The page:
For more information and support:


Many will be feeling the negative impact of alcohol and food indulgence. In an effort to allow the body to recalibrate and shake-off the resulting low energy, brain fog and low mood, taking up Dry January is often a key strategy to start the year off on a good foot.

However, those susceptible to alcohol cravings may find that a month off the booze is harder than expected. Symptoms such as poor sleep, sugar cravings and a long-winded hangover, are just some of the experiences that people have reported. One of the most common symptoms is an increase in anxiety, perhaps due to the reduction of a very important neurotransmitter called GABA, which is stimulated by alcohol.

What is GABA?

GABA is the body’s main inhibitory neurotransmitter, meaning that it helps the body and brain to relax and promotes feelings/sensations of calm and tiredness. It does this by preventing excitatory neurotransmitters like dopamine and noradrenaline from over-stimulating the brain and helps to slow down the heart rate and breathing, as well as relaxing muscles.

In those who are deficient in GABA, feelings of anxiety, stress and worry can be common symptoms, leading to alcohol cravings. Alcohol targets GABA receptors and mimics the effect of this neurotransmitter, helping to relax the mind and body. Have you ever craved alcohol after a stressful day and used a glass of wine to help calm the nerves and decompress the mind? This is your body’s way of telling you that GABA needs to be switched on! Whilst alcohol facilitates this, unfortunately the negative side effects of chronic alcohol use far outweigh the temporary feelings of calm and relax.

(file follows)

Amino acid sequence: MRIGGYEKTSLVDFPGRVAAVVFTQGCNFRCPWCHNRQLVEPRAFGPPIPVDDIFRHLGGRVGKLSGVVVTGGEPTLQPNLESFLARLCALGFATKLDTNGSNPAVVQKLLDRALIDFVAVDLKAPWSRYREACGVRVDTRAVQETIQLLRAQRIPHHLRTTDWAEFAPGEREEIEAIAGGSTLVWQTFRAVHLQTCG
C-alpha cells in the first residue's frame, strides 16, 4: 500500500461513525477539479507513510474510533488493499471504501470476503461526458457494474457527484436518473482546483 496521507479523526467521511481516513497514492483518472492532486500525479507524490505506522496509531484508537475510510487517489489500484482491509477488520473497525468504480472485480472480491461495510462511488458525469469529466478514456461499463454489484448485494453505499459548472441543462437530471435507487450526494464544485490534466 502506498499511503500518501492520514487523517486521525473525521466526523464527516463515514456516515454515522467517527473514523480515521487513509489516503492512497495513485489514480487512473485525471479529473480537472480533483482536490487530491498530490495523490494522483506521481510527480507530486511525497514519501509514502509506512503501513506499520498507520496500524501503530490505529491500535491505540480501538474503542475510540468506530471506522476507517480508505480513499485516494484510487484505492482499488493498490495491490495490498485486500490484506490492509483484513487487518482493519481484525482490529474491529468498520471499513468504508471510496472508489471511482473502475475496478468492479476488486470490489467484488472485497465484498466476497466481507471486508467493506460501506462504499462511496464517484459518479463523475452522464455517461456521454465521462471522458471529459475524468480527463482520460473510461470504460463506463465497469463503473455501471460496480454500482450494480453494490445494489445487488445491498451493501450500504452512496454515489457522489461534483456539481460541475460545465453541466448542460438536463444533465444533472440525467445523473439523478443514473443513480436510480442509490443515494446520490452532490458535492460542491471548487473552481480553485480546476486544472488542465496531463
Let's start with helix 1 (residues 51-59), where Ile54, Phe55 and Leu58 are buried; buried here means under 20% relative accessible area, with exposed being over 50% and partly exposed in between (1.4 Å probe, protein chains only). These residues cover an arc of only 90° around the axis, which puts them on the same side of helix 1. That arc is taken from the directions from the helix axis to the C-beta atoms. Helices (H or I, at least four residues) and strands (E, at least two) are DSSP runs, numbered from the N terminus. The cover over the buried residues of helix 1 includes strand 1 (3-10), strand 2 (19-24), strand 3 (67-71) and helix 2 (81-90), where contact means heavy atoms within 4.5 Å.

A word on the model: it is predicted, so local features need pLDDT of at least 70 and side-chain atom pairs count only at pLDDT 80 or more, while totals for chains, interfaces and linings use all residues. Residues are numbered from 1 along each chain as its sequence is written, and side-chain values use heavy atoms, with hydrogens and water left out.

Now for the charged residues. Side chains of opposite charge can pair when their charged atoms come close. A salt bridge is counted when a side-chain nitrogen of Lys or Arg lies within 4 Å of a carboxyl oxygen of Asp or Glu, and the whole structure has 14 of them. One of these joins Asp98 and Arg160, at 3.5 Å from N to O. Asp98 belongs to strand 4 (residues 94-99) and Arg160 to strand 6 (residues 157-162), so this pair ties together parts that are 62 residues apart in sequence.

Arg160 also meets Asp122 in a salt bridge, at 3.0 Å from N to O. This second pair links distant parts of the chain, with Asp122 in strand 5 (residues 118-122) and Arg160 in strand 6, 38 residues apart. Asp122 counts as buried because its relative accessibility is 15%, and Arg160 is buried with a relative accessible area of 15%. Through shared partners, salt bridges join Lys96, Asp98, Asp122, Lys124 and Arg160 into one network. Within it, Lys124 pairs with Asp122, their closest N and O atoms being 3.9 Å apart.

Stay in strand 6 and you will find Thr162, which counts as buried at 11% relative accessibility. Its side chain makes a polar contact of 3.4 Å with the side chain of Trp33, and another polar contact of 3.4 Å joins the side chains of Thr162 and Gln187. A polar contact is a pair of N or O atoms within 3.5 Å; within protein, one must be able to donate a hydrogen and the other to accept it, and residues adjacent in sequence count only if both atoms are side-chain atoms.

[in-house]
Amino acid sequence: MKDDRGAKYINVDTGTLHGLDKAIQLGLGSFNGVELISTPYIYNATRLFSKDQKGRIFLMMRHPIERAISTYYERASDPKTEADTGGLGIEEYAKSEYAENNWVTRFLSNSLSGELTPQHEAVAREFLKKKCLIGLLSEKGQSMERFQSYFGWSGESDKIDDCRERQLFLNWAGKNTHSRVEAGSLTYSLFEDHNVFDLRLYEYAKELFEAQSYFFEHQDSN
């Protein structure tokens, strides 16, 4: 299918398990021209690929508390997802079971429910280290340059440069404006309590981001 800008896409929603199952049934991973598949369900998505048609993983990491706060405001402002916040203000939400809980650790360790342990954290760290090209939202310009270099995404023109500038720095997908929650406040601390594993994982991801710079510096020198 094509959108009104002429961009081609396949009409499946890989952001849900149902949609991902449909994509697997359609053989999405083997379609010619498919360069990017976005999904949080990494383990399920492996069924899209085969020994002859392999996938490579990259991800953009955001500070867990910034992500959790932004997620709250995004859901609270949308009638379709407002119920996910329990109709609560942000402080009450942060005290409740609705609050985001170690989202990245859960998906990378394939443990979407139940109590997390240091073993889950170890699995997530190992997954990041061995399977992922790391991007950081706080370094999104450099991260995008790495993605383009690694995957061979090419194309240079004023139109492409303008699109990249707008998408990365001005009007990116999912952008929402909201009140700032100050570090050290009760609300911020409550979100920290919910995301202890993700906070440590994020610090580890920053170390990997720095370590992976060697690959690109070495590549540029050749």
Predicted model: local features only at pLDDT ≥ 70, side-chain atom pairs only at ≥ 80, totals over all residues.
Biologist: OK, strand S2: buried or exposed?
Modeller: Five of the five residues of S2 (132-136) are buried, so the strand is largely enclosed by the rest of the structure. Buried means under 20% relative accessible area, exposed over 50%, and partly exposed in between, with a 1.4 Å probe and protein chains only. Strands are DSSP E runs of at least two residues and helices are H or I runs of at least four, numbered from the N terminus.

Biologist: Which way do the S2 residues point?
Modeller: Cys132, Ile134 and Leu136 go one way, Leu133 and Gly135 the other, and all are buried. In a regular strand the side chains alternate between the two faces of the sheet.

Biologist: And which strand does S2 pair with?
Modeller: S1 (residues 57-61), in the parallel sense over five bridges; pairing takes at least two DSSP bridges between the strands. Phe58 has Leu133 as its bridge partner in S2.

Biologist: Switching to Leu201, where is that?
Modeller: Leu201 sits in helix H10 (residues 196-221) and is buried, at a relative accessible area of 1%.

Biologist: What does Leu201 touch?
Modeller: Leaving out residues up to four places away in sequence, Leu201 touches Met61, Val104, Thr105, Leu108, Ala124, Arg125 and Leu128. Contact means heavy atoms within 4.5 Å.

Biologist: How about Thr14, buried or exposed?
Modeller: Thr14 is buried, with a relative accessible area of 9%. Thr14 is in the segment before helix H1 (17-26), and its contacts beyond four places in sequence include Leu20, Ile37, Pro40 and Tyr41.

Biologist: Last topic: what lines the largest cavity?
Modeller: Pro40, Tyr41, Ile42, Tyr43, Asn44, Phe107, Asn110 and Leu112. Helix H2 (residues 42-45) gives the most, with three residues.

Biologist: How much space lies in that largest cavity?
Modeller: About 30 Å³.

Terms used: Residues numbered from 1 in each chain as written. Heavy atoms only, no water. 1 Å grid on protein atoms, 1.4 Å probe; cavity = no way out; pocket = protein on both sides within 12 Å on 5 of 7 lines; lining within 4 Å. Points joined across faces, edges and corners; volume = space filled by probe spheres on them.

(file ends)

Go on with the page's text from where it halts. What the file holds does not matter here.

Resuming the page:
The Relationship Between GABA and Alcohol

Alcohol can cross the blood brain barrier incredibly quickly – the brain’s very own protective mechanism that prevents things like toxins, bacteria and unwanted hormones from entering the brain and causing damage. This is why after drinking alcohol, its effects can be felt almost instantly.

The brain has a very intelligent way of preventing overstimulation of neurotransmitters, so that balance is maintained. For example, when alcohol intake is high, in an effort to avoid an excessive accumulation of GABA (as well as other neurotransmitters), receptor response is dampened. Meaning that over time, you’ll need more of the substance to provide the same effect, which may lead to potential addiction and alcohol dependency . This can make Dry January almost impossible to achieve, if other ways of increasing GABA aren’t employed.

Below is a list of safe and natural ways you can help activate GABA, which will also enhance overall health and mental wellbeing.

4 Ways to Increase GABA Naturally…

1. Magnesium – nature’s relaxant

Magnesium has been shown to modulate GABA activity in the brain. It does this by acting on GABA receptors to help facilitate GABA neurotransmission and its consequent effects of relaxation. Magnesium also helps to relax the central nervous system, as well as the body’s muscles. It does this by helping to activate the parasympathetic nervous system – the branch of our autonomic nervous system that is responsible for helping us to relax, down-regulating cortisol output and for regenerating cells and tissues. We can find magnesium in foods such as avocado, nuts and seeds, legumes and some wholegrains. However, some studies have shown that supplementing with magnesium (around 300mg a day), can be very effective in reducing symptoms of anxiety.